Unemployment Survey Analyzed

In June, 2011, Dr Jann Aldredge-Clanton created a survey for the Workers Rights Board of North Texas Jobs with Justice. Both paper and on-line versions were made. Jobs with Justice included an invitation to use the survey on two e-mail blasts of over 2,000 each. The paper versions were put on the Jobs with Justice table at the Texas AFL-CIO convention June 9-11. Approximately 250 union delegates attended. On July 9, data were analyzed from both the online survey at http://www.surveymonkey.com/s/LYLX9CZ and from the paper version.

People for Jobs

Public perception of the crisis

The first and most remarkable inference is that the general public remains very apathetic about the unemployment issue. The on-line version collected 15 responses, including at least 4 from the group that helped create the survey; the union delegates filled out only 5. The total number who responded to the last question, "Would you like to be contacted about ways to help..." was only 6 so far. It would be misleading to infer that the public doesn't care about unemployment, but one might safely say that they do not yet see an active role for themselves in fighting the crisis. In other words, the problem may be neither ignorance nor concern; but malaise.

Fourteen of the 20 respondents had a family member unemployed. Only 3 said they were "paid what I'm worth," with the rest suffering lower pay. Everybody considered the jobs crisis either "very" or "extremely" serious. Of the solutions proposed, 15 said "public works projects," 8 said "shorten working hours," 9 wanted "aid to small business," 2 said "lower taxes on corporations," and two "other" proposals were: "abolish militarism," and "stop outsourcing."

Question 5 asked "What ways do you think we can create jobs?" "infrastructure improvements" drew 9, "lower taxes on small businesses" drew 10, "raise taxes to support more government jobs" drew 14, "public works projects" drew 16, "hire more public school teachers" drew 16, "address nursing shortage with scholarships for nursing students" drew 14 and "other" drew 5: "shorten working hours," "castrate or spay Republicans," "Green power," "End military budget," and "pubic works projects."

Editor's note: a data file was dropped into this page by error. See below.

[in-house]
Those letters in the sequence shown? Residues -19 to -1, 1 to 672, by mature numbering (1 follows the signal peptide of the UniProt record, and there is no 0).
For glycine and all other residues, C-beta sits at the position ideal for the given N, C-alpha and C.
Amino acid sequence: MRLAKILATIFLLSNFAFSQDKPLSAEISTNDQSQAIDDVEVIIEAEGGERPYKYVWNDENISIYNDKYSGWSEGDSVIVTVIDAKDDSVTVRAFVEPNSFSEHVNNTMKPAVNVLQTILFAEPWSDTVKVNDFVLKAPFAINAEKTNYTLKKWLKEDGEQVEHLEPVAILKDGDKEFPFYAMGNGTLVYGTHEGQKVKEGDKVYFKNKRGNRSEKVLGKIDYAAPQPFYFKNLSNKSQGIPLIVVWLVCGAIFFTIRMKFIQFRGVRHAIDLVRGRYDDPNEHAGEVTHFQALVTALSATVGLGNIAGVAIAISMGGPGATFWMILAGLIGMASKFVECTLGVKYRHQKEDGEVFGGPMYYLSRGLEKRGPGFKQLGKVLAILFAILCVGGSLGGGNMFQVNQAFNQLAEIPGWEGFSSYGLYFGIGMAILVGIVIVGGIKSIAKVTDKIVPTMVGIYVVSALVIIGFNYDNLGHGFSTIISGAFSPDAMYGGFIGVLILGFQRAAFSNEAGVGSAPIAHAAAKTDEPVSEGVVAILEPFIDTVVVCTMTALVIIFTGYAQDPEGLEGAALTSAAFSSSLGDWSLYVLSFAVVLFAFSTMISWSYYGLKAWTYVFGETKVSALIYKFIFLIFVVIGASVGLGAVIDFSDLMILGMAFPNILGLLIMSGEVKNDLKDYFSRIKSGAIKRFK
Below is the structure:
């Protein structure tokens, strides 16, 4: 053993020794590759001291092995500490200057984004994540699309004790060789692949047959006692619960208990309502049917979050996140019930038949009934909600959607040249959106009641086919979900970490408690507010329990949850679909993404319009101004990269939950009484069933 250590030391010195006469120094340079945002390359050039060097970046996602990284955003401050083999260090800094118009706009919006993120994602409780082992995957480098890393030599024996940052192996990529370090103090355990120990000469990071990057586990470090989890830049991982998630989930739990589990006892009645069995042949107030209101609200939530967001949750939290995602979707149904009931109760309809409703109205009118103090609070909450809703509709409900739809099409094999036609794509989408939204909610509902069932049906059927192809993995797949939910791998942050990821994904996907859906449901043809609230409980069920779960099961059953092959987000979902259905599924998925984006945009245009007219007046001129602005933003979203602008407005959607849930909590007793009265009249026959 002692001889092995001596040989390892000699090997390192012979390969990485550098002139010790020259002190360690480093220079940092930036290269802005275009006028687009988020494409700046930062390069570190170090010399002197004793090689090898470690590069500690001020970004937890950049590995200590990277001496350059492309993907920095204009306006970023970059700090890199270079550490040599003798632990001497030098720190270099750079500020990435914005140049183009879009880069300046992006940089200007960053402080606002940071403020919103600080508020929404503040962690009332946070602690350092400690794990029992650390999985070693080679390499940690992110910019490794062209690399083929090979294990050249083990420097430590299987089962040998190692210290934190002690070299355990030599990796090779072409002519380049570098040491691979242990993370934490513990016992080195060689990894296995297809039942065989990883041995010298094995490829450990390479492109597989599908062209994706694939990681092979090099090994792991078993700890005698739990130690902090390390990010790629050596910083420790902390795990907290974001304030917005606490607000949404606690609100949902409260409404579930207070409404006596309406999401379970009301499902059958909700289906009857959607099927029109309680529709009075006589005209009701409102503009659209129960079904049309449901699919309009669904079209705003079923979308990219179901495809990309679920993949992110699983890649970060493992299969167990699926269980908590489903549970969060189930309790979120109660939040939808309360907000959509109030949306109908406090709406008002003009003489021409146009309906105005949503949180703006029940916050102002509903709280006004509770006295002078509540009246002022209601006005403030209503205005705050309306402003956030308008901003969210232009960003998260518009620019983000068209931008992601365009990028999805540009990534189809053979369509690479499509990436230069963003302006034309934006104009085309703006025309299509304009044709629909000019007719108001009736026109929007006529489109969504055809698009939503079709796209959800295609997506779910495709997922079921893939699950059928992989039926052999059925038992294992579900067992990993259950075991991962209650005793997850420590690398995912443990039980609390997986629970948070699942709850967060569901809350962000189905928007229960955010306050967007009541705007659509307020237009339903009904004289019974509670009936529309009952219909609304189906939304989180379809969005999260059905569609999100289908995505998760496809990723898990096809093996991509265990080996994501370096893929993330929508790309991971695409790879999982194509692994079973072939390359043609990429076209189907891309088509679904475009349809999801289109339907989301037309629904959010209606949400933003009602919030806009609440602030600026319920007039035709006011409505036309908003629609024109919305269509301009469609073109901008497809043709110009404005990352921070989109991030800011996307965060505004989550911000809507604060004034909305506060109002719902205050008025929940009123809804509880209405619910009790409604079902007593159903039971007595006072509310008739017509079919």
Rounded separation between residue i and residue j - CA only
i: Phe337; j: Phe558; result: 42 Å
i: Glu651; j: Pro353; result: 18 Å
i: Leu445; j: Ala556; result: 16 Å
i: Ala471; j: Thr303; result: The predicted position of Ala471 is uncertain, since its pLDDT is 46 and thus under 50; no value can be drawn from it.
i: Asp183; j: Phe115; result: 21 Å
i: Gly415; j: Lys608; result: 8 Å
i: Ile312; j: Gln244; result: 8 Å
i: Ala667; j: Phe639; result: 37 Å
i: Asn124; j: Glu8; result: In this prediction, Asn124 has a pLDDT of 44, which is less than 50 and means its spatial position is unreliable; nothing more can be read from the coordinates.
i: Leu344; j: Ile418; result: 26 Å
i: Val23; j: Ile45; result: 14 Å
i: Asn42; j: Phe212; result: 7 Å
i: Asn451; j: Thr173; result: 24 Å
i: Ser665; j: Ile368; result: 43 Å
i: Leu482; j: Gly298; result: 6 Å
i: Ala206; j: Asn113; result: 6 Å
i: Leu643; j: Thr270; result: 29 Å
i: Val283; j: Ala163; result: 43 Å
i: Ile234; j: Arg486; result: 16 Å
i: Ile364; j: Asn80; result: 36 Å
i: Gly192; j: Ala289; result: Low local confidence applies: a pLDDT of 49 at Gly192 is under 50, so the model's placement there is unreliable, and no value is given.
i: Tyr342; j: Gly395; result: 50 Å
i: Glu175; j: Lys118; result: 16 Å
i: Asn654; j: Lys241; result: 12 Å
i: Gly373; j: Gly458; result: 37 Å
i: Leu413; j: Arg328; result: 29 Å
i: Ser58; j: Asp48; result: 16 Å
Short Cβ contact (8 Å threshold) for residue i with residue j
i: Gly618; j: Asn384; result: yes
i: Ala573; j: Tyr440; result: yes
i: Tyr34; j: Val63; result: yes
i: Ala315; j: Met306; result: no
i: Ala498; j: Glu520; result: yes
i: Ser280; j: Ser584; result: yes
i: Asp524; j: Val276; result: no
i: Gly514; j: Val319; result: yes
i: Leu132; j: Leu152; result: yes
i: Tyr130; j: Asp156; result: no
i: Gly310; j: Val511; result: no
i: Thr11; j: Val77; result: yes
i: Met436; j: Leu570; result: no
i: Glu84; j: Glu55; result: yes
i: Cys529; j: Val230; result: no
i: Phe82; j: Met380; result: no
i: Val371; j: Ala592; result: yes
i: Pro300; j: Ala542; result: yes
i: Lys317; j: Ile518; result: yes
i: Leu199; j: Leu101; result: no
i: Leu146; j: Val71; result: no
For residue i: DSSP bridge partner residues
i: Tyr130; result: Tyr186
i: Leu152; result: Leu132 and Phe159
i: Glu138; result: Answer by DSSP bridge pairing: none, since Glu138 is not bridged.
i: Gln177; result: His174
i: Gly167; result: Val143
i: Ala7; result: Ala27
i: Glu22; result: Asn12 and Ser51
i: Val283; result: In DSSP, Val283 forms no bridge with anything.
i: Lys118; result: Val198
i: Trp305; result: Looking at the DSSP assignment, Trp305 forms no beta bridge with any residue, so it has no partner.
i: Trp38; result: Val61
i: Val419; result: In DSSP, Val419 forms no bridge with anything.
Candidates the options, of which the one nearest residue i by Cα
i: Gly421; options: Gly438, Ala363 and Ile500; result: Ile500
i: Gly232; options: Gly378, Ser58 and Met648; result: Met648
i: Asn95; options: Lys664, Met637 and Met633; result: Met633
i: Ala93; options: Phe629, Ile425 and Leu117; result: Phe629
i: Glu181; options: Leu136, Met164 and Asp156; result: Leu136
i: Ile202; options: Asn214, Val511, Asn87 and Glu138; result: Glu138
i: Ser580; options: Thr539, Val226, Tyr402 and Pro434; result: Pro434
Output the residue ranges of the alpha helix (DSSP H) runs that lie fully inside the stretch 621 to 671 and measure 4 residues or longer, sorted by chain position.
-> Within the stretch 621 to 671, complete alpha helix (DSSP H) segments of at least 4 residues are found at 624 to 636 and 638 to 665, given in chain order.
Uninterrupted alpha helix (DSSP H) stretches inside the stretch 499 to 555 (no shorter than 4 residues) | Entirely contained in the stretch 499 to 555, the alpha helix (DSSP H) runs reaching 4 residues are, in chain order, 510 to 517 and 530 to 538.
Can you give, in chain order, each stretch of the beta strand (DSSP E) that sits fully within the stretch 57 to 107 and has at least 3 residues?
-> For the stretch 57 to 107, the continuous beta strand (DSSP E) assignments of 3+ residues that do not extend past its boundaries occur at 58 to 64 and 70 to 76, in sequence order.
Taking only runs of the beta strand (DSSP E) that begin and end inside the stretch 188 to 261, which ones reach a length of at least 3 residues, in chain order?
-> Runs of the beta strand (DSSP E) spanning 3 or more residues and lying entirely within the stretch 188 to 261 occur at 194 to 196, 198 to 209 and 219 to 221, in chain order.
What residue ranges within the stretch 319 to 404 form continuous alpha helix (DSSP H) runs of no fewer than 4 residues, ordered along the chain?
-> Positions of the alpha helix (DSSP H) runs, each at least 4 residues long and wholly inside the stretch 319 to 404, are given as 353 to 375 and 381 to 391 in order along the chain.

Calling for government action is correct

Unanimously, the respondents believed that government must play a "big" or "active" role in remedying the jobs crisis. When actions were proposed, the respondents said they would take all the proposed actions, but "attend a rally" and "write letters to Congress" received the highest responses of 17 each. Nine said they would be willing to speak to a church or community group. The two "Other" suggestions were "web page and e-blasts" and "shorten the work week."

Nineteen respondents would defend the right of workers to organize at their workplaces. Of those actually volunteering to help (last question), 8 responded on-line, but 4 of them were already Workers Rights Board activists. Two responded on the written version.

In summary, we can surmise that people with high consciousness of the unemployment problem believe that government action on the jobs crisis is necessary and are willing to help build support through public activities; however, our numbers remain small. The inferences are unfortunately consistent with turnout at public actions so far in this crisis. Nevertheless, it is grossly overreaching to conclude that unemployment doesn't matter, especially as it continues to worsen.



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